The thought of enrolling a loved one in a long-term stay at a local nursing home can be upsetting enough for families, notwithstanding the alarming uptrend in patient evictions for reasons almost always relating to the ability to pay. When facing an eviction, families are often left scrambling to find appropriate substitute care, which often proves difficult for those patients facing serious medical issues. And, unfortunately, the rash of evictions in Michigan -- as well as nationwide -- is closely correlated to the severity of the patient's dementia and daily behavior, with the most combative patients facing sudden and abrupt involuntary removals.
According to industry experts, the trend toward evicting the most “difficult” patients can be tied directly to the profitability of the nursing facility, with these patients necessarily requiring additional staff and monitoring. When the cost of supervising the patient becomes too great, facilities do not hesitate to have the patient removed in favor a less-intensive resident.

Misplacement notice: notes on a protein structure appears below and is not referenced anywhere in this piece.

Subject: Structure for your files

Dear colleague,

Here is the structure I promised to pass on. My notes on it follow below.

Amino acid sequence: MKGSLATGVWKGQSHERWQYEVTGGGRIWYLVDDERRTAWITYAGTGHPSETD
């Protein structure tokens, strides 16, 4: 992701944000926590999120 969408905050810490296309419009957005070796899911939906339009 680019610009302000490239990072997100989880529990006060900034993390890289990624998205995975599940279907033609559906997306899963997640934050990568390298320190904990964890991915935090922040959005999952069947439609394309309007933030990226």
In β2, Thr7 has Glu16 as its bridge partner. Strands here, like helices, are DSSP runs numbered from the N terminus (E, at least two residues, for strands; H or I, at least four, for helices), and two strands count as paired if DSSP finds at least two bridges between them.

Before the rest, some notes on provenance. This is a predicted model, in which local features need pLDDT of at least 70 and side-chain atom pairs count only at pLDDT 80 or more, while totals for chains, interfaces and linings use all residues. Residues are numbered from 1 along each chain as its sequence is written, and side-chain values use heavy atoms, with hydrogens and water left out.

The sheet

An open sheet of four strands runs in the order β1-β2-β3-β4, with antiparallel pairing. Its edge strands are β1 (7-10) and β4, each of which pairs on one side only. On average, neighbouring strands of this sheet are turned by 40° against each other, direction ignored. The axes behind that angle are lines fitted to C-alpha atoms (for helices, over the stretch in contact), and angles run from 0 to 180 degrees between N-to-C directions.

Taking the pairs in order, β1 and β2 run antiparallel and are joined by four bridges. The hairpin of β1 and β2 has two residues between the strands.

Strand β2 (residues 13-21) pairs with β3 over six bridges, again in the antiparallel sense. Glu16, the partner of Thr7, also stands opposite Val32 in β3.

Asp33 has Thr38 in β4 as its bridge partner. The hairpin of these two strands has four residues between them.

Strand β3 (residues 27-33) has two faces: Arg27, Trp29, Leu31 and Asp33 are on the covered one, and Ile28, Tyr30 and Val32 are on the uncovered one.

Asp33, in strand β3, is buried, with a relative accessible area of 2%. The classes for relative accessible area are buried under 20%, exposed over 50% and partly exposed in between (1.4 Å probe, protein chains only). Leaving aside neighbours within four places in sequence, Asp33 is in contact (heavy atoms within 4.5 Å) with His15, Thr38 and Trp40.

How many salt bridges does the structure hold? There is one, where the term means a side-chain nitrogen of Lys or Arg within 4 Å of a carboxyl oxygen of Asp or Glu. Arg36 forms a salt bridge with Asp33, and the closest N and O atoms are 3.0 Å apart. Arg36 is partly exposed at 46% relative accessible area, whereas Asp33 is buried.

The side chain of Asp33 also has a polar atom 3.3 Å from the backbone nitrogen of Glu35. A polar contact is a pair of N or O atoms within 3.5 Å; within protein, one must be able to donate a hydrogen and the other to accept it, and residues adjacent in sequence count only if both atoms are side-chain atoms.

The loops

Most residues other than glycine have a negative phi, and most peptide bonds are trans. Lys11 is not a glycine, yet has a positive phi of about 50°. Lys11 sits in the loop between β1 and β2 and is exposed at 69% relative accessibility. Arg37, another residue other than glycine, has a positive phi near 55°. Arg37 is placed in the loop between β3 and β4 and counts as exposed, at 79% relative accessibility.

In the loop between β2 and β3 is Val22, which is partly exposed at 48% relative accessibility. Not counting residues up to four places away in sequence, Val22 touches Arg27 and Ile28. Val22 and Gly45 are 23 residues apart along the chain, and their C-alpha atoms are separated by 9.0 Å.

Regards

According to data analyzed by the Associated Press, complaints against long-term care facilities concerning involuntary transfers are up 57 percent since the year 2000. Moreover, the issue served as the top-reported grievance in 2014, with nearly 11,400 complaints lodged.
As the number of elderly Americans continues to grow, long-term care planning should be at the forefront of the financial planning conversation. However, many individuals wait until long-term care is imminent to begin considering the costs -- which are staggering.
If you are concerned about the future, particularly with regard to long-term nursing care, we encourage you to speak to a reputable elder law attorney today. There are many ways to plan for the costs of long-term care, including asset protection and applying for Medicaid benefits. To learn more, contact us today.
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